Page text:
In the midst of cheaply made slasher sequels, gornos and paranormal pictures, directors fresh out of film school have been adapting their own nightmares for the silver screen in hopes of reinvigorating the well-worn genre. This movement began in 2014 with Jennifer Kent's "The Babadook" and continued in 2015 with David Robert Mitchell's "It Follows." Rather than sneak up from behind, tap you on your left shoulder and pop out from your right over and over again, these films seek to insidiously trap you in a dark corner and leave you curled up in the fetal position, shivering with fear. "The Witch" is perhaps the most successful at this approach in horror filmmaking. Less of a supernatural thriller and more of a dread-soaked familial drama, the directorial debut of Robert Eggers cuts deep into the blackest parts of the human soul, revealing images that would likely wet the pants of Hawthorne, Poe and other Gothic fanatics.
In the year 1630, a Puritan family living in New England is cast out from their plantation and forced to start life anew at the edge of an ominous forest. Not long after they settle into their new home, things start to take a sinister turn. Crops begin to fail, and the mother-wife's newborn son is abducted. Suspecting that this is the work of a witch dwelling in the woods, the family is left only with prayer and the hope that this evil will be vanquished. The effects of this tragedy wear them out and eventually threaten to tear the family apart forever.
What viewers will immediately notice is the uncanny amount of detail put into the re-creation of 17th century life and culture. Eggers has noted that he sifted through stacks of documents written during the period while developing the film's dialogue. Though much of the plot is advanced without it, the Old English speak is remarkably straightforward, so those who fear Shakespeare should not be troubled by it. Accounts of witchcraft were also cited heavily in the making of the film's devil-loving antagonist. The witch herself only appears a few times, appropriately filmed in thick shadow, but her looming presence echoes throughout the whole endeavor.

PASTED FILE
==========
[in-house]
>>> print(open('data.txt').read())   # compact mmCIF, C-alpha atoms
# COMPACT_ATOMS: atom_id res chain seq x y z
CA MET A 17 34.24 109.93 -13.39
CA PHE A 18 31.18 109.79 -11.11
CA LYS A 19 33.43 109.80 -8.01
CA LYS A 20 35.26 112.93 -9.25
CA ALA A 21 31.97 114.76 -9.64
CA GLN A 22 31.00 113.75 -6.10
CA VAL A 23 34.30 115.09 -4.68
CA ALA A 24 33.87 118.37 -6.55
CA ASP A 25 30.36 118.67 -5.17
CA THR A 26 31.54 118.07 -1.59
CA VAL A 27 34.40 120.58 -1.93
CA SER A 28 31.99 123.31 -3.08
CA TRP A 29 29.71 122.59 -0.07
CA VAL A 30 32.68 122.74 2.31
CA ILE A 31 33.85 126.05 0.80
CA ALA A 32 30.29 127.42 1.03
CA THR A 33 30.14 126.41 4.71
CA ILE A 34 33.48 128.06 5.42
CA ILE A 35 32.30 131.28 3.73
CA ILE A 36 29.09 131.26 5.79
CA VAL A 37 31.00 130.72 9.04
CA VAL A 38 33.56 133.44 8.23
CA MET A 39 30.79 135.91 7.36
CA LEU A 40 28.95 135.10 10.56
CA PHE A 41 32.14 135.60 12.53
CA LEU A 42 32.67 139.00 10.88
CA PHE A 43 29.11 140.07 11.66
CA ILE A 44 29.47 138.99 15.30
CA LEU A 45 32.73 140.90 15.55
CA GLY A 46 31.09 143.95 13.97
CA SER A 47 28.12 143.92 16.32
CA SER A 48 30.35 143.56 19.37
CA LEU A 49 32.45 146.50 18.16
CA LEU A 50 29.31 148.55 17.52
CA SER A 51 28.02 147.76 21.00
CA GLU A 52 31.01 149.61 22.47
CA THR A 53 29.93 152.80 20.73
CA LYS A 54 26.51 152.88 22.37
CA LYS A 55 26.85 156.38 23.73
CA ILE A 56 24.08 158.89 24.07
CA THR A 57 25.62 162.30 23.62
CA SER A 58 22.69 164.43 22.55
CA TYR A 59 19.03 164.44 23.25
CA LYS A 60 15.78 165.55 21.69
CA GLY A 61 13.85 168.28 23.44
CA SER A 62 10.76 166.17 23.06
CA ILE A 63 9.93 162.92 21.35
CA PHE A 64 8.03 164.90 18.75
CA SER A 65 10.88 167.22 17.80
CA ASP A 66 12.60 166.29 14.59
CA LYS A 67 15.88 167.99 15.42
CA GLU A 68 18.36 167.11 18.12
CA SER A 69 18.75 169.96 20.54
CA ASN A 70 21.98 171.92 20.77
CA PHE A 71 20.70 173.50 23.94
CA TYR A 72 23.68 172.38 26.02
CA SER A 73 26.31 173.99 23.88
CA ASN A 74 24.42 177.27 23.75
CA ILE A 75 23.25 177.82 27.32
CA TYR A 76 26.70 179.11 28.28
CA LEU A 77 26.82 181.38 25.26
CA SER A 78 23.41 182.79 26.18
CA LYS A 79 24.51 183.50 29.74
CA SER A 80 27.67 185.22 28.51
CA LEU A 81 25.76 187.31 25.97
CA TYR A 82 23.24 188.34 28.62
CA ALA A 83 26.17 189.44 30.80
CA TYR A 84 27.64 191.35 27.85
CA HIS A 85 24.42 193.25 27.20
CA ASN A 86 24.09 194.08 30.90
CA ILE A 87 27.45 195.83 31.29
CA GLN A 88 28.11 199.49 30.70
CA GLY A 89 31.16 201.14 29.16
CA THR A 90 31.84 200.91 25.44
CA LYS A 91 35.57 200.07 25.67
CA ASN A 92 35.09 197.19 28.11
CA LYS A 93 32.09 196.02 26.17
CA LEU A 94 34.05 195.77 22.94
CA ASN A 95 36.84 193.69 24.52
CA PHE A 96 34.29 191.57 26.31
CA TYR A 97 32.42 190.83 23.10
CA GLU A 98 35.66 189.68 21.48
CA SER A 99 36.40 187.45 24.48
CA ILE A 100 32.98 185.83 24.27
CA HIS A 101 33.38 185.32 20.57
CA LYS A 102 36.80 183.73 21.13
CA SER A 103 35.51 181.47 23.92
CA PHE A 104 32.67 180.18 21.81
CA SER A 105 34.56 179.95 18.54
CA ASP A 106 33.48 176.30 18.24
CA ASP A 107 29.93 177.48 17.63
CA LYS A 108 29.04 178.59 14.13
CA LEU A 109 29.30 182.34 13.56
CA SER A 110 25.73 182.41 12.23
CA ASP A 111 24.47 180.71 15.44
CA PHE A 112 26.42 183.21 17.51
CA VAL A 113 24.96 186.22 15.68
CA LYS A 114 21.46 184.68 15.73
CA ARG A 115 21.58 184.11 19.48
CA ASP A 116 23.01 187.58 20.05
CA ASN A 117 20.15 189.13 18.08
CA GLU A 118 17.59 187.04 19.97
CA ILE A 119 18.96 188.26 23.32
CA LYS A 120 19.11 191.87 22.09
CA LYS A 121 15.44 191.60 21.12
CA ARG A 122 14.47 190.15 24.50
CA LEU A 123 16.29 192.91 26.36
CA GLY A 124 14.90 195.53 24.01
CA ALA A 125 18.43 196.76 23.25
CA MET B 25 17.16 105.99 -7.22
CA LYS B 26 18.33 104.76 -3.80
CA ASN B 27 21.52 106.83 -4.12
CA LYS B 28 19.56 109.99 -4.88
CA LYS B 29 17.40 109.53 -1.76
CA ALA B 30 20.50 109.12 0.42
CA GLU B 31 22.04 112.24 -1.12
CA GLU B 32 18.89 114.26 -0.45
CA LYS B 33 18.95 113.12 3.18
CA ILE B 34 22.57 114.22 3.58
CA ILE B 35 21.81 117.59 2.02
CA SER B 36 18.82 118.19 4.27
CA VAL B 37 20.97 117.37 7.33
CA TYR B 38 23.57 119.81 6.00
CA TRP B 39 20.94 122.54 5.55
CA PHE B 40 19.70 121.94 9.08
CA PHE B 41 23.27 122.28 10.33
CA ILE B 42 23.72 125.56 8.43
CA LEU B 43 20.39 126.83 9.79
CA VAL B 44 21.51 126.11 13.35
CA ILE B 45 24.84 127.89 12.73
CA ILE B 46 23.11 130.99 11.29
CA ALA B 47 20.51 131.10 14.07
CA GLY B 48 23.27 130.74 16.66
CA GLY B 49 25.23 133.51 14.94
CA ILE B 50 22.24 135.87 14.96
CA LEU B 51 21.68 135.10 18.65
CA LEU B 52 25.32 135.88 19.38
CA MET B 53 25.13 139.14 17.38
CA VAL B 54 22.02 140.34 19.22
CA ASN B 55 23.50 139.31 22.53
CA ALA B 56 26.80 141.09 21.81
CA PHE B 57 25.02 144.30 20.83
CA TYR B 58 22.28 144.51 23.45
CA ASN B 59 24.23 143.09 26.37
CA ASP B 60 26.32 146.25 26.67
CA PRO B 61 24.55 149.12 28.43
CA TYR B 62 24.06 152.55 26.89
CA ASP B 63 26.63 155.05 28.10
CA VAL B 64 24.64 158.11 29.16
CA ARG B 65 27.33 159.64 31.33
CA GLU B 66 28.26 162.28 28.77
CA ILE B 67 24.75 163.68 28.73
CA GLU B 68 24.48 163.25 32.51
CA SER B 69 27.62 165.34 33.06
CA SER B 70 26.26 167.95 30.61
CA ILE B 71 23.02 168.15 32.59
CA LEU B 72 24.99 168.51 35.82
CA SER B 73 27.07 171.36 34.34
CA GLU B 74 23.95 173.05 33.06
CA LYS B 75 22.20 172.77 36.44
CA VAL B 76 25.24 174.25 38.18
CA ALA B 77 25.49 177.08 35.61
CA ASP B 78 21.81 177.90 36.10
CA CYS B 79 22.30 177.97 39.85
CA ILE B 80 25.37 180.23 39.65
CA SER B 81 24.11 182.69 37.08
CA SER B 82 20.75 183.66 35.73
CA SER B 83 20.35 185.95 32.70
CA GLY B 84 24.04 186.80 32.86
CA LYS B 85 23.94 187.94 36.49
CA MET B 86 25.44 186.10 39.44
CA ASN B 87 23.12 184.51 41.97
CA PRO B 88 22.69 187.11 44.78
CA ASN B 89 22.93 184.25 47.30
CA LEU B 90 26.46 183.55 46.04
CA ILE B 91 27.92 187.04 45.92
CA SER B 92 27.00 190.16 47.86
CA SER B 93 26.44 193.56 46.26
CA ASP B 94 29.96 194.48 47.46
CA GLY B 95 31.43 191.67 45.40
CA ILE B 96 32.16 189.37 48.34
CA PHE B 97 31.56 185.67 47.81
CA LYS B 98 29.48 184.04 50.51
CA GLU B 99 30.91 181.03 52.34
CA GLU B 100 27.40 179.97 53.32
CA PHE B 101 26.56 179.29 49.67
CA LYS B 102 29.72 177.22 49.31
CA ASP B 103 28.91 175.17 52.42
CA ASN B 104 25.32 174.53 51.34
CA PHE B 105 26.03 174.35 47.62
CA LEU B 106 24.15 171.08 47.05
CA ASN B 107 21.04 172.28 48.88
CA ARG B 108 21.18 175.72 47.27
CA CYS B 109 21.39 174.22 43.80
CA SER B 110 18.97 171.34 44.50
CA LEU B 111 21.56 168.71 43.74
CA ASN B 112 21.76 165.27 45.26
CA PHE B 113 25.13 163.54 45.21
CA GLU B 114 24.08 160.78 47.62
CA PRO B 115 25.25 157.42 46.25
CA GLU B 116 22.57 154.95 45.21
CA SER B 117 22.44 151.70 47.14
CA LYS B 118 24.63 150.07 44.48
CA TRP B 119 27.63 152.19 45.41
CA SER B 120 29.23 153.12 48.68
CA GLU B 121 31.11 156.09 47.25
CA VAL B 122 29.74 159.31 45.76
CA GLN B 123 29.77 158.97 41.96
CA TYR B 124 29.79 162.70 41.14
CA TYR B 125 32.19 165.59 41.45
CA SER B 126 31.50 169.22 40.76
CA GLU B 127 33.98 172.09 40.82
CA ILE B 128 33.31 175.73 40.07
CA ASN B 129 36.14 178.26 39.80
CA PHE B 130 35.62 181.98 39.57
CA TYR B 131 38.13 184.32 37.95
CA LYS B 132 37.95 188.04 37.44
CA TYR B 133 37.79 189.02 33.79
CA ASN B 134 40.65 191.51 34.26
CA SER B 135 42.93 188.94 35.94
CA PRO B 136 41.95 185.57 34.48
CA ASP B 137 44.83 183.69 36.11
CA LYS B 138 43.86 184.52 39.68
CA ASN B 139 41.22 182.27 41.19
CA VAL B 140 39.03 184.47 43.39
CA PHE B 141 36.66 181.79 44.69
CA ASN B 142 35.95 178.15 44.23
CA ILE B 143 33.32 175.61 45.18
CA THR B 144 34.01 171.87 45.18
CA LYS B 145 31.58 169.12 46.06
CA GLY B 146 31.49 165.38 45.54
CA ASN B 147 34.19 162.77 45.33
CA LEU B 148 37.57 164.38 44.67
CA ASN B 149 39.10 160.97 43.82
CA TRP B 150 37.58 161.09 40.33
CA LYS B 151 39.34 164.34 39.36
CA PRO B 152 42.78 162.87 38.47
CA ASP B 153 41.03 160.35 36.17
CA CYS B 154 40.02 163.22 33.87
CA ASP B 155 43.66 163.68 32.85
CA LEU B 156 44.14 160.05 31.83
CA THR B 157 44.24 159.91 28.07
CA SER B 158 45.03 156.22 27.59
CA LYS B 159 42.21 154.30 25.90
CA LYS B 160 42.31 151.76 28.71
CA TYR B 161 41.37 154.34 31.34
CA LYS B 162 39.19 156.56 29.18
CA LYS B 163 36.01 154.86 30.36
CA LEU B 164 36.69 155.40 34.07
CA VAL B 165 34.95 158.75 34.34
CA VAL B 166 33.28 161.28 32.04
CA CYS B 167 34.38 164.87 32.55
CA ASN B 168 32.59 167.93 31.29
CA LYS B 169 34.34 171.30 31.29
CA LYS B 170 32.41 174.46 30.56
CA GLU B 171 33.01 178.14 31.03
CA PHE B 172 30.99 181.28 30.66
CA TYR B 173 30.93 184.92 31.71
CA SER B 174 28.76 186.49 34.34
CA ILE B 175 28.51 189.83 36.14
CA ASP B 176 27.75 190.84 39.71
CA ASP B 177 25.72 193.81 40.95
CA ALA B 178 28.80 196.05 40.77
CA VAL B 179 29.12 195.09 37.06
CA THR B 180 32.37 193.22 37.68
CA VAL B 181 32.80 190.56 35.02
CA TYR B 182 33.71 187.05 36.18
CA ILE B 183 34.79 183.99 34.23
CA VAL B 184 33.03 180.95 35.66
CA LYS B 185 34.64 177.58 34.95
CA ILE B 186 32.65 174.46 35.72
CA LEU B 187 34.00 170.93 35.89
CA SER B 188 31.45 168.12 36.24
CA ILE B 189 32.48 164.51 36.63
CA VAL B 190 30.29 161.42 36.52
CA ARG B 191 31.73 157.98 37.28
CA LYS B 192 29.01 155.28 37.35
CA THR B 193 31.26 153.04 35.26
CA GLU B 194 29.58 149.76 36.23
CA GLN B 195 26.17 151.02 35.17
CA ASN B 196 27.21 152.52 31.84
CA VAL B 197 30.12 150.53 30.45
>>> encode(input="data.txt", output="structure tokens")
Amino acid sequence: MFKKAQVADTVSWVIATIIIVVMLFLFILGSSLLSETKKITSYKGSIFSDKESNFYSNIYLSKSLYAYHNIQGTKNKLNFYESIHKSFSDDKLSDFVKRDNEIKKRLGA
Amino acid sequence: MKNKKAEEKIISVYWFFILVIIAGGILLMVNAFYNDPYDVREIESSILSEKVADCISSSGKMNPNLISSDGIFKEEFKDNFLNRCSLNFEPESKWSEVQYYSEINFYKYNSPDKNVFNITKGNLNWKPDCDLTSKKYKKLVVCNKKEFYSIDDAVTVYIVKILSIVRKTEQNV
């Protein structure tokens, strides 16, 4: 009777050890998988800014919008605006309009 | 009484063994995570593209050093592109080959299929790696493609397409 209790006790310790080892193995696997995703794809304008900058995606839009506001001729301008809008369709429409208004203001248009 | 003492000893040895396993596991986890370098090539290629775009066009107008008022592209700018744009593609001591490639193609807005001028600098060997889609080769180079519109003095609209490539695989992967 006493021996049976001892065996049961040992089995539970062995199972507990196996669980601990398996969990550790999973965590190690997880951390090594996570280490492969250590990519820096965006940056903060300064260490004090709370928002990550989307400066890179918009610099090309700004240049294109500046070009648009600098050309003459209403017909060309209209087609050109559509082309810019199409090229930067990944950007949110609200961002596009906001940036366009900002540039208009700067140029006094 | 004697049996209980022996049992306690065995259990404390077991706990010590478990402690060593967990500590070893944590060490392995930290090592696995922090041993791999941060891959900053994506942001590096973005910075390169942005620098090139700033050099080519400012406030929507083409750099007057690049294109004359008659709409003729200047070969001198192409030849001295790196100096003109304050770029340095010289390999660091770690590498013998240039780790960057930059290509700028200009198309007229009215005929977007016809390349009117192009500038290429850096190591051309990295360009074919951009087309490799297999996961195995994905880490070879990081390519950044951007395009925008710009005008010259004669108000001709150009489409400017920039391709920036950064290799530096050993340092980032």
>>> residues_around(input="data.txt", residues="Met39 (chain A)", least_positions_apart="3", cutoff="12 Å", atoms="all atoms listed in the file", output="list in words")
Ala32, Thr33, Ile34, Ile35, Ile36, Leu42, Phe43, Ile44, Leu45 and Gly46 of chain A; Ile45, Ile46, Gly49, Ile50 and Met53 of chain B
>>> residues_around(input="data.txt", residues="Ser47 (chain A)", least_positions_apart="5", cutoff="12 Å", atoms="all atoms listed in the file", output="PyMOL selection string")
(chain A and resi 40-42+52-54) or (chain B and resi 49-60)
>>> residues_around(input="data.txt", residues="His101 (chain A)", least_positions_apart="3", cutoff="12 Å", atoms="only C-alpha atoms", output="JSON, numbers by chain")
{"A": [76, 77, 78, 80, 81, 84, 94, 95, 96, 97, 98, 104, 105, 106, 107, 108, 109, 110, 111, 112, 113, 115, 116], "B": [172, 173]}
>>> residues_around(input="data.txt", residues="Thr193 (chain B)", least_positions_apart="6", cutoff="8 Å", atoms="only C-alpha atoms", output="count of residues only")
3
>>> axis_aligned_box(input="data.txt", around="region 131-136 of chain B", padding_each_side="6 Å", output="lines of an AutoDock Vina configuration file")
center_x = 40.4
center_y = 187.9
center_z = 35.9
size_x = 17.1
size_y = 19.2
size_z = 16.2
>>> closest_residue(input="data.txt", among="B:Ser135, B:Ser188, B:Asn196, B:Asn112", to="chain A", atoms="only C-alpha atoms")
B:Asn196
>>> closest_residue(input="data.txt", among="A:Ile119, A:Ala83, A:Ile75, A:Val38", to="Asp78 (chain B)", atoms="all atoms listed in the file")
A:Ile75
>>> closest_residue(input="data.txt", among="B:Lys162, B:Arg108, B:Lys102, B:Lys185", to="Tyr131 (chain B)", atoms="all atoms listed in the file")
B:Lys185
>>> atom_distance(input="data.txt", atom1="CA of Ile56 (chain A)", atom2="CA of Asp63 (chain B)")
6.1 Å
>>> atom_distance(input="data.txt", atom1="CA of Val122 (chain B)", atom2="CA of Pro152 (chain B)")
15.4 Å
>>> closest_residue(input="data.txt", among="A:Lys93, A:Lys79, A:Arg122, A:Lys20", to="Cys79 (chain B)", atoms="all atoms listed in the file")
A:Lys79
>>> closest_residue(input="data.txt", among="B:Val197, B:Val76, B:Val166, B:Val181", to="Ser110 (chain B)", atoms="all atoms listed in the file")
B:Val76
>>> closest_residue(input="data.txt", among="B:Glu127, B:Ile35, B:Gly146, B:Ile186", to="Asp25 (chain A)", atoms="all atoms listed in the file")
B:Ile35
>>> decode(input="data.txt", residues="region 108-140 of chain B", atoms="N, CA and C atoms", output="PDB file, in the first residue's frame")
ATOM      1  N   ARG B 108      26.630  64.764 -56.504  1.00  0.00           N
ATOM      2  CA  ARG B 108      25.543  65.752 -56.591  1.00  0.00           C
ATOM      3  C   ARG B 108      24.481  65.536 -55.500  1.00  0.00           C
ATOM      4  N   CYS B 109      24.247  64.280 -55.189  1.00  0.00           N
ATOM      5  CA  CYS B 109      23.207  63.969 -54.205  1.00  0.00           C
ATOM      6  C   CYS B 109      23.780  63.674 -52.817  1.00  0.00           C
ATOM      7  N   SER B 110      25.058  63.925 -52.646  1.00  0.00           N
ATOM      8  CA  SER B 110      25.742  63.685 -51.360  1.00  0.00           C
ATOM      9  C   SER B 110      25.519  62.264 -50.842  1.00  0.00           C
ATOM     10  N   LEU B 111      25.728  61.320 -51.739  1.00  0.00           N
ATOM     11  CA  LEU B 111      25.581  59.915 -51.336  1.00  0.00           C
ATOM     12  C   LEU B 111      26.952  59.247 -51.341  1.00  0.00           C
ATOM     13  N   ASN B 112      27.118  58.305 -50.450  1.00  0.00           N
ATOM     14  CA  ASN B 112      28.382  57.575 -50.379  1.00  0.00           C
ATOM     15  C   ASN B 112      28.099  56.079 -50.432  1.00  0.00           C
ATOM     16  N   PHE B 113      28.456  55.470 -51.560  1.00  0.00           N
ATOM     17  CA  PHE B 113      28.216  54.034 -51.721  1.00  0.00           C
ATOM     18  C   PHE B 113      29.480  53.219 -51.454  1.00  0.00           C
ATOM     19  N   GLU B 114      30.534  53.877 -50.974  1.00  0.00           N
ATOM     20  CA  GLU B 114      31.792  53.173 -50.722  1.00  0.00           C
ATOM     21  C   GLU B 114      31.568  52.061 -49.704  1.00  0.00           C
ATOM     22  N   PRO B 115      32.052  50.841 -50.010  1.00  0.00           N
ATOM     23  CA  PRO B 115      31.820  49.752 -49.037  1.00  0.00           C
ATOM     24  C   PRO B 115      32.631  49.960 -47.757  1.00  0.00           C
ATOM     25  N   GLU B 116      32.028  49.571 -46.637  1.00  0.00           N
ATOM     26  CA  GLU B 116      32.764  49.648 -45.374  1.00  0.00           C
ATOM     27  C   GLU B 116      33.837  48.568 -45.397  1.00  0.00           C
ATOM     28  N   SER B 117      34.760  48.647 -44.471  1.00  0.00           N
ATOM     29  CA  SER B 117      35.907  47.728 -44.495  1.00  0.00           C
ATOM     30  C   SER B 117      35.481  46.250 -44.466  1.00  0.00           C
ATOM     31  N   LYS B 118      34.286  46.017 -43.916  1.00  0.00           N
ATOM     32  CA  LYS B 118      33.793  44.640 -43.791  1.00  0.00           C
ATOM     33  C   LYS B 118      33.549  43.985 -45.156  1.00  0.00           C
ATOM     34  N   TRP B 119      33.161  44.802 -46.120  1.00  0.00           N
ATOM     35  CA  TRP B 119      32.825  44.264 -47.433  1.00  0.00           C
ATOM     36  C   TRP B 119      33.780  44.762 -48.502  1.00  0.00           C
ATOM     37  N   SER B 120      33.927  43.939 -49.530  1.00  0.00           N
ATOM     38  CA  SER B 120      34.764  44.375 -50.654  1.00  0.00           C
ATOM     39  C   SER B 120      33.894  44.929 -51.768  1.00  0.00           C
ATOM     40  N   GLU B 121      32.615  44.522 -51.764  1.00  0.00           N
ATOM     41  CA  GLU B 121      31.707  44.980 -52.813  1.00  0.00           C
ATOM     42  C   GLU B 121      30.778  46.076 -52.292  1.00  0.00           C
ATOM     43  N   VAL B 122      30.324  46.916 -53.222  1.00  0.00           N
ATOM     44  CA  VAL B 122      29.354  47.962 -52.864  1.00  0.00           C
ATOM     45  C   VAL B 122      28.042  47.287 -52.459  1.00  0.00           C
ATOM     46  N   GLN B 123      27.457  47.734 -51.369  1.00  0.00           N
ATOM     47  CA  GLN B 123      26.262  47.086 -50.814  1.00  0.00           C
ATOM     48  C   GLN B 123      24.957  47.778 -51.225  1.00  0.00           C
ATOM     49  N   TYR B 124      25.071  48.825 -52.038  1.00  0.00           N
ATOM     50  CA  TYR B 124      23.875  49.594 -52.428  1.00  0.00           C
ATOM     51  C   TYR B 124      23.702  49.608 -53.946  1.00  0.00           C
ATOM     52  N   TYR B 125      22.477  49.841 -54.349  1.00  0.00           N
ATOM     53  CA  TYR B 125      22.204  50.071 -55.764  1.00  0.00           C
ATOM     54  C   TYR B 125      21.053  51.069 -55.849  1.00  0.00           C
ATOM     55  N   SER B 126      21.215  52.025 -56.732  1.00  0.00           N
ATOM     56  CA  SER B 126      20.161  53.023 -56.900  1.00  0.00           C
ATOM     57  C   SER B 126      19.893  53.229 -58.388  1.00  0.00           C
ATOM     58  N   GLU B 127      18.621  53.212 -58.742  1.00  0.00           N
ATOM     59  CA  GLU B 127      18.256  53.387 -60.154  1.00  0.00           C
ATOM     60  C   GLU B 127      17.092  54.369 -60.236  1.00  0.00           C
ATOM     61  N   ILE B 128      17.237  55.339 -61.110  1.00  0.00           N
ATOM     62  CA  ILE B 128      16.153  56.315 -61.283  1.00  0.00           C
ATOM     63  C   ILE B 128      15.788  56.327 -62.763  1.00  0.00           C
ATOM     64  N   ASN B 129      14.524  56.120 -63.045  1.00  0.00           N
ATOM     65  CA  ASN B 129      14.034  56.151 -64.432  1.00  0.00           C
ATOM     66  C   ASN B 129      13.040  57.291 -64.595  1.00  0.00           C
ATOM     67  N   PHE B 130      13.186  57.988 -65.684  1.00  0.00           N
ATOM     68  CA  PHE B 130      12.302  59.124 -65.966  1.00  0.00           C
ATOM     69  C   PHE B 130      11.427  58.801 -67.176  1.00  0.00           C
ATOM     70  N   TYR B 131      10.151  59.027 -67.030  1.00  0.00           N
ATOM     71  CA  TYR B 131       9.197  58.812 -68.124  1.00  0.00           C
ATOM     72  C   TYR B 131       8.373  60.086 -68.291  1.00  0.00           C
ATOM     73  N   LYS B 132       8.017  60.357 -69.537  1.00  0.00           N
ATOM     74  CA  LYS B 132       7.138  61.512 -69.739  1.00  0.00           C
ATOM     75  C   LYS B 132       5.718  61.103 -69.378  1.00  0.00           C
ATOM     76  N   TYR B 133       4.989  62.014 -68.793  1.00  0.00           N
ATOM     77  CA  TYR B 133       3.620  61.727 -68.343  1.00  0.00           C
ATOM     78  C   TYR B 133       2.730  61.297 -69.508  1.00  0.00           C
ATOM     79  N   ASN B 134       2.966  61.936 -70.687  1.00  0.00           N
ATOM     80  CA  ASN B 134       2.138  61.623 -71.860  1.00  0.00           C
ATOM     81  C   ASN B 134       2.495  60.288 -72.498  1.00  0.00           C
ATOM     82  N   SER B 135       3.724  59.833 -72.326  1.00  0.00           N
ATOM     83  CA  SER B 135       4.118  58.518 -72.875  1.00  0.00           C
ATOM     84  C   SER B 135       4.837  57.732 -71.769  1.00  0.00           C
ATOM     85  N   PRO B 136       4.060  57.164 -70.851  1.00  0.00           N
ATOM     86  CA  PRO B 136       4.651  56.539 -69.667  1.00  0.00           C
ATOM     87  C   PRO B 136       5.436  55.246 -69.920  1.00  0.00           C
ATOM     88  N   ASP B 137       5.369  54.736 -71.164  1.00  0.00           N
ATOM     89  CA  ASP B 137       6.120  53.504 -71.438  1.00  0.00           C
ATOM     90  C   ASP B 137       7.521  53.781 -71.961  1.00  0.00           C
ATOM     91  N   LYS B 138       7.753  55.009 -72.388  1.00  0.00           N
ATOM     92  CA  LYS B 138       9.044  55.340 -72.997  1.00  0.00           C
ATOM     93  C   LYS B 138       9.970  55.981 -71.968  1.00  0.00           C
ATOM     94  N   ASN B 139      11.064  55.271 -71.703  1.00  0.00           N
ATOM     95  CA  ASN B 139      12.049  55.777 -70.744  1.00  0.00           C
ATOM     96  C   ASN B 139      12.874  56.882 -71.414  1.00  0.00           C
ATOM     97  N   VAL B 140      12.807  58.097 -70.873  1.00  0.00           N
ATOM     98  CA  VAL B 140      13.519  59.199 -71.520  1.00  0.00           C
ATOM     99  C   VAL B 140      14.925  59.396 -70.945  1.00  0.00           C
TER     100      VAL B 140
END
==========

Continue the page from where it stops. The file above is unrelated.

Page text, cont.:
With expert sound design and a gleefully creepy score, Eggers successfully achieves the tone he desires here, but it's really only half the picture. The other half of "The Witch" belongs to its dedicated cast. There's not a sour note heard among anyone, not even the children. Harvey Scrimshaw, who plays the eldest son, Caleb, displays some impressive work, particularly during a scene involving possession. "Game of Thrones" alumni Ralph Ineson and Kate Dickie are also worth noting as the troubled parents who succumb to bursts of religious hysteria. The film's crowning jewel, however, is Anya Taylor-Joy as the eldest daughter, Thomasin. Much of her screen-time is composed of doe-eyed gazes shot in mid to extreme close-up, but there is an awful lot going on behind those eyes. She, like Eggers, has a bright future ahead of her.
For a film that so heavily relies on slow-burning tension, "The Witch" is paced rather mercifully. Other films akin to this one tend to drag on just a bit in their attempts to convey meaning through a series of meticulously constructed visuals. While Eggers and his cinematographer do conceive some compelling (and disturbing) images reminiscent of those seen in the films of Stanley Kubrick and Ingmar Bergman, they are careful not to stop dead in their tracks just to admire the scenery. The shortage of conventional scares will have its detractors, while others will laud "The Witch" for its structure as one feature-length fright. It's a terrifically restrained film that depicts an evil so unrelenting, you'll swear the film itself is evil.